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Advanced spectroscopy of nanomaterials: from ensemble to single-particle

Grant number: 18/15574-6
Support type:Research Grants - Young Investigators Grants- Phase 2
Duration: May 01, 2019 - April 30, 2024
Field of knowledge:Physical Sciences and Mathematics - Physics
Principal Investigator:Lázaro Aurélio Padilha Junior
Grantee:Lázaro Aurélio Padilha Junior
Home Institution: Instituto de Física Gleb Wataghin (IFGW). Universidade Estadual de Campinas (UNICAMP). Campinas , SP, Brazil
Associated research grant:13/16911-2 - Advanced spectroscopy of novel nanomaterials, AP.JP

Abstract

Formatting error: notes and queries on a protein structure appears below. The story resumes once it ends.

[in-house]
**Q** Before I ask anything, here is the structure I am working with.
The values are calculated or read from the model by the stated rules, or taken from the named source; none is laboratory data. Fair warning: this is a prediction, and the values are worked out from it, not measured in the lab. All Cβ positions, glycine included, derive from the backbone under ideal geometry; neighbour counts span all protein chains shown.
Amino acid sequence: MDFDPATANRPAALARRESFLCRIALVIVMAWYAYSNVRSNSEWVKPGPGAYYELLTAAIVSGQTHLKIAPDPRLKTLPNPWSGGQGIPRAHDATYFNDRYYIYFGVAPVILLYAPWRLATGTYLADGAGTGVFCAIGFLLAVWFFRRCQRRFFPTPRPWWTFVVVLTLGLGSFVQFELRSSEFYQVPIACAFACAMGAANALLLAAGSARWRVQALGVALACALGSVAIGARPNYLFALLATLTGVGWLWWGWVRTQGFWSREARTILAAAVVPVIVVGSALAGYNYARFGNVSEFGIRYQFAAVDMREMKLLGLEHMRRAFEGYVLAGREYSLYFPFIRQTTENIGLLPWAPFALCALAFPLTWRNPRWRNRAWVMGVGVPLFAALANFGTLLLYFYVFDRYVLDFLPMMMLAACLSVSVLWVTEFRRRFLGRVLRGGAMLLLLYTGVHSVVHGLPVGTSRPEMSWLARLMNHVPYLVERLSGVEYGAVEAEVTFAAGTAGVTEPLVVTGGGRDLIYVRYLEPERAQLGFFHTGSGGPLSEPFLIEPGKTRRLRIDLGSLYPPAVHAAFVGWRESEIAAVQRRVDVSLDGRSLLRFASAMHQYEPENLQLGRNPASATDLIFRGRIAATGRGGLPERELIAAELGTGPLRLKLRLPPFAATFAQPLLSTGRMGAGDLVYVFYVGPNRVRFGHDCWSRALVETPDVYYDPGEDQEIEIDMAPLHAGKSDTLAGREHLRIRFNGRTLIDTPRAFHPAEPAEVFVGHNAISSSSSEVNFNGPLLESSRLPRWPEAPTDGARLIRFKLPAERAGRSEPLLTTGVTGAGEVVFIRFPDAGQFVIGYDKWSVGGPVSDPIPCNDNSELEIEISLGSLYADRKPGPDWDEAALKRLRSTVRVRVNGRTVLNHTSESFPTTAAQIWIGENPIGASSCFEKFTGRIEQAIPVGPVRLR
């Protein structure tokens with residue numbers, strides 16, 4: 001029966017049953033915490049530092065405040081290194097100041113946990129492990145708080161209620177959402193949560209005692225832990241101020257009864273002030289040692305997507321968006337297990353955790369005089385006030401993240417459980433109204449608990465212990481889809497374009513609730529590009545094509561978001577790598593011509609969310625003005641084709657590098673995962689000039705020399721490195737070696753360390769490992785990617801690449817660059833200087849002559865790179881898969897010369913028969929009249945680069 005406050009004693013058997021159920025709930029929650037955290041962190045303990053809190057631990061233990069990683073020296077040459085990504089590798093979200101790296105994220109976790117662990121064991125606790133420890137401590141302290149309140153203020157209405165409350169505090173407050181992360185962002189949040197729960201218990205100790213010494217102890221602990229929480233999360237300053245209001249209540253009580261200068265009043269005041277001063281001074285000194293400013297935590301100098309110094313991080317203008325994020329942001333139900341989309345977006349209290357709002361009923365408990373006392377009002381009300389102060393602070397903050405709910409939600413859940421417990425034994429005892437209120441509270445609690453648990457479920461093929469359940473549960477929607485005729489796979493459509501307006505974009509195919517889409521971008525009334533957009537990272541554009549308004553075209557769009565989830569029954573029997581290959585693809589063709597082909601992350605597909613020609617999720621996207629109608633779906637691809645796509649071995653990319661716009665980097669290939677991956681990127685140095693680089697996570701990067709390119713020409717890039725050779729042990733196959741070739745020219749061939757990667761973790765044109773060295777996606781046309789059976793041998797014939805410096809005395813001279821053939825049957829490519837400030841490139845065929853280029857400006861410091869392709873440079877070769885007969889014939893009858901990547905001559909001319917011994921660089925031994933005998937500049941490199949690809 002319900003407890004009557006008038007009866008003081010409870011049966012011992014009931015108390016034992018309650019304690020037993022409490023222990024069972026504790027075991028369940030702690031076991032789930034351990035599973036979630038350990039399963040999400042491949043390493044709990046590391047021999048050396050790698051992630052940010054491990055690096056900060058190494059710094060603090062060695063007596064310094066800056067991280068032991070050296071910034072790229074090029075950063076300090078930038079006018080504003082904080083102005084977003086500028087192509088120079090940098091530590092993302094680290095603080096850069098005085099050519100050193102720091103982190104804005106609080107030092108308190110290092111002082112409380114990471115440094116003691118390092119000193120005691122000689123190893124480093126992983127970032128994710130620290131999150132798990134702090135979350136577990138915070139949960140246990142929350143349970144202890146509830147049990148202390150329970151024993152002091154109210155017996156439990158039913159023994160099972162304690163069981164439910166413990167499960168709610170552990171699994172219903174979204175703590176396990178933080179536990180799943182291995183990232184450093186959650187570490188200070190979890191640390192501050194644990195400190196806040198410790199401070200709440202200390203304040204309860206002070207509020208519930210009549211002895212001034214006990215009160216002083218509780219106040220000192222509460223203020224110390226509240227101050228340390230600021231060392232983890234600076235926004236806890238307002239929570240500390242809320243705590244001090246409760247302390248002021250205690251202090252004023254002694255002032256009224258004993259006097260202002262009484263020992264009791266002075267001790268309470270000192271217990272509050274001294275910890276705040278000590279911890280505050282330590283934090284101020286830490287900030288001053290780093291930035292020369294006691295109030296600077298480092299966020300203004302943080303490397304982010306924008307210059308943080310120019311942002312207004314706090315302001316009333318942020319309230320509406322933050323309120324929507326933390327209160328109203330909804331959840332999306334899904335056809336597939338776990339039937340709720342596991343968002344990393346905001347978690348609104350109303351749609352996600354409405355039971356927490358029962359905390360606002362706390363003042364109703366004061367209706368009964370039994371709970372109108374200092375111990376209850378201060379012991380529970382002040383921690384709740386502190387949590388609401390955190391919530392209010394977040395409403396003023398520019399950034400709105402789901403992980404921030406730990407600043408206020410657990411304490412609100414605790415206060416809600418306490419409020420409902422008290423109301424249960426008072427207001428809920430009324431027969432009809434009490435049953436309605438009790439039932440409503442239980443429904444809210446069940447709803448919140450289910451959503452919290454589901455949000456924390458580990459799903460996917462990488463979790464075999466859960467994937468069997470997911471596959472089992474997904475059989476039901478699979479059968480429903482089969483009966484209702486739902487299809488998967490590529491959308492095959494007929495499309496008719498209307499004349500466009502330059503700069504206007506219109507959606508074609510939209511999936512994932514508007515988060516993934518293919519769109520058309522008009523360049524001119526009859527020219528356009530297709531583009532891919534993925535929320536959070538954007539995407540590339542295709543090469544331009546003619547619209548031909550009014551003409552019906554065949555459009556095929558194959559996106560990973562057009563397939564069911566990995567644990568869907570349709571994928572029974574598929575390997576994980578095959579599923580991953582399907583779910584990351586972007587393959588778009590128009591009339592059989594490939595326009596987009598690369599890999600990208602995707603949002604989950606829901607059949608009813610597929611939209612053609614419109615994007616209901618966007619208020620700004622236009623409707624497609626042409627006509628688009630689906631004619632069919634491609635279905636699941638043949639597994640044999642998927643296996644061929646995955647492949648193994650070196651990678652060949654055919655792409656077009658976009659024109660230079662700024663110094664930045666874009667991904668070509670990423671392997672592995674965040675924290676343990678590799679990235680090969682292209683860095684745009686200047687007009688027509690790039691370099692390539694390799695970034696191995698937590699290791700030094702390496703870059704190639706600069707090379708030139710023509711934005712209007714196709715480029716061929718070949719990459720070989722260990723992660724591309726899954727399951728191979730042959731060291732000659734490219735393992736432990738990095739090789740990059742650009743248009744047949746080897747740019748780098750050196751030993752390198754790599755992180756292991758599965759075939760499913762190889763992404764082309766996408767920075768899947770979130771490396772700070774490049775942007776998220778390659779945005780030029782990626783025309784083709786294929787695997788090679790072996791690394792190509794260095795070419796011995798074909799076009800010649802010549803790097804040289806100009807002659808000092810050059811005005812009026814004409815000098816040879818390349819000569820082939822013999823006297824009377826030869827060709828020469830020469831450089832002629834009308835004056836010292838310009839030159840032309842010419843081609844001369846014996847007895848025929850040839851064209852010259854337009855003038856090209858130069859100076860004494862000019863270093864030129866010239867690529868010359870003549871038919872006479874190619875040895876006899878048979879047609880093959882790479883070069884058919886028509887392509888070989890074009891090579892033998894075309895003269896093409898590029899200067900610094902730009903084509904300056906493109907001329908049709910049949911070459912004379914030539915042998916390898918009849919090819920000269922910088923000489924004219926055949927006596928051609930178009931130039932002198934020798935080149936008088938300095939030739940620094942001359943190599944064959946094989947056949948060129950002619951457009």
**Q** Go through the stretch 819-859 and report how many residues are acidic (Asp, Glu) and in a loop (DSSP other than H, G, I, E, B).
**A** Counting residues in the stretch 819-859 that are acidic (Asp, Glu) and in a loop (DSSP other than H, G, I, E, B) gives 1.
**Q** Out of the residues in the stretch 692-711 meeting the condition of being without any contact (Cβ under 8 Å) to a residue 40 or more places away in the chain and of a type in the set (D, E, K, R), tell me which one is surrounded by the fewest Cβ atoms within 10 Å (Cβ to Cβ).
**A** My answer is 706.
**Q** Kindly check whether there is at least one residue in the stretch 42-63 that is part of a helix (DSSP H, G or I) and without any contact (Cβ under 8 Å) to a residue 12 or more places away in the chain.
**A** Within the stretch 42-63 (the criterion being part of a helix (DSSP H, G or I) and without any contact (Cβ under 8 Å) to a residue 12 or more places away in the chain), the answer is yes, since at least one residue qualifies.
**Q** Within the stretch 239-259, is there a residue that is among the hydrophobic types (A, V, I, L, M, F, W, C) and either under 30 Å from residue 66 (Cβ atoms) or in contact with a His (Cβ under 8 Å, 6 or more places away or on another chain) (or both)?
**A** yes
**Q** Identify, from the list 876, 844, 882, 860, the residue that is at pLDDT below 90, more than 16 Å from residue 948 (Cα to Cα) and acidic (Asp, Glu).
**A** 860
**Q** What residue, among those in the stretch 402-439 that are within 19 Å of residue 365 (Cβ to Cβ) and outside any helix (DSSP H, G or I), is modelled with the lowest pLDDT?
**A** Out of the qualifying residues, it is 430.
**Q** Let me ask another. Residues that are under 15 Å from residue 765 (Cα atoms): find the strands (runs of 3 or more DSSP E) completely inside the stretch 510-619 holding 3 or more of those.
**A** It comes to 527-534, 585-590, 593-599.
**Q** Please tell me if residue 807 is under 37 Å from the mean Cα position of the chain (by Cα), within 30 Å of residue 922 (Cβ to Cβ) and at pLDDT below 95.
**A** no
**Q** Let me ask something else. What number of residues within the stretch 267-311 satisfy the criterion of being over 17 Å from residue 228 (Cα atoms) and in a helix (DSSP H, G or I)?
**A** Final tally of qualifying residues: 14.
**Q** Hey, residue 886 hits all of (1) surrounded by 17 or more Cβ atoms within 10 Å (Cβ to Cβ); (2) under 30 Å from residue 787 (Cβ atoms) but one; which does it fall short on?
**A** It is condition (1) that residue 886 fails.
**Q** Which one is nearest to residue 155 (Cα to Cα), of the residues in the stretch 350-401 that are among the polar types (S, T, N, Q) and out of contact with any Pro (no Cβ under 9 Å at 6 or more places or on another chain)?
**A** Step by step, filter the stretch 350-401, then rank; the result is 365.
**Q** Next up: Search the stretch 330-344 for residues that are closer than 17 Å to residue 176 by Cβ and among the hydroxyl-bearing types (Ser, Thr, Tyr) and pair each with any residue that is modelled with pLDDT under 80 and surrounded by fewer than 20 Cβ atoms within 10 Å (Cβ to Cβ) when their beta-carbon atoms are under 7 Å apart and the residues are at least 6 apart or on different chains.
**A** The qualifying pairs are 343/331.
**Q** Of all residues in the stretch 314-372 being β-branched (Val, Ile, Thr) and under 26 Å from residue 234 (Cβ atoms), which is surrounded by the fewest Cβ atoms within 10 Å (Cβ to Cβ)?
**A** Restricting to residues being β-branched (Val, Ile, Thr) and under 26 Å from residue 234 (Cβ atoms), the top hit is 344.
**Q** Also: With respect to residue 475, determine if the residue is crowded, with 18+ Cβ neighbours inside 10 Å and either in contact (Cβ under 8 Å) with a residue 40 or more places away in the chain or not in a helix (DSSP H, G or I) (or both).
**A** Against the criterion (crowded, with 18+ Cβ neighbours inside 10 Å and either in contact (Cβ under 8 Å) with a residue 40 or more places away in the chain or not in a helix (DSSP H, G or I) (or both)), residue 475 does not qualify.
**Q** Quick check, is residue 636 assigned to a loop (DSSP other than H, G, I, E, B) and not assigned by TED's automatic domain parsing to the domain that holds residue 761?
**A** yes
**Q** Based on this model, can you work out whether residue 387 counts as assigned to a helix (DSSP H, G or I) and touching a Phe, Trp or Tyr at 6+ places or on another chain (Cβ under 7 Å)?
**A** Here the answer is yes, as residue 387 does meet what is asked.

In the last two decades, colloidal semiconductor nanostructures are among the most investigated materials due to their unique set of properties, including the control of their optical and electronic properties by engineering their shape, size and composition, that turns them promising candidates for application in a vast range of areas, such as, energy harvesting, lighting, and Medicine. This project aims to contribute to the continuing development of semiconductor nanomaterials. By using advanced time-resolved spectroscopy methods, we will investigate multi-exciton interactions, carrier dynamics, nonlinear optical processes, and electron-phonon interactions in novel classes of visible and near infrared emitting nanomaterials. Moreover, by creating new synthetic routes we will grow perovskite nanomaterials with controlled size and shape. In particular, we propose to use a unique set of time-resolved spectroscopy techniques, including transient absorption, transient photoluminescence (also in single-particle regime), and two-dimensional transient four-wave-mixing to obtain deep understanding of the photo-physical processes in these nanomaterials, from the ensemble to the single-particle regime. This will shine light on several scientific questions that are still under debate in the literature, and will serve as guide to the wise development of nanomaterials tailored for specific applications. By the end of this project we expect to have answered relevant questions regarding the photo-physics is several nanomaterials systems including, but not restricted to, perovskite nanoparticles, InP-base core/shell, PbS/ZnS quantum dots, and CuInSxSe2-x nanostructures. (AU)

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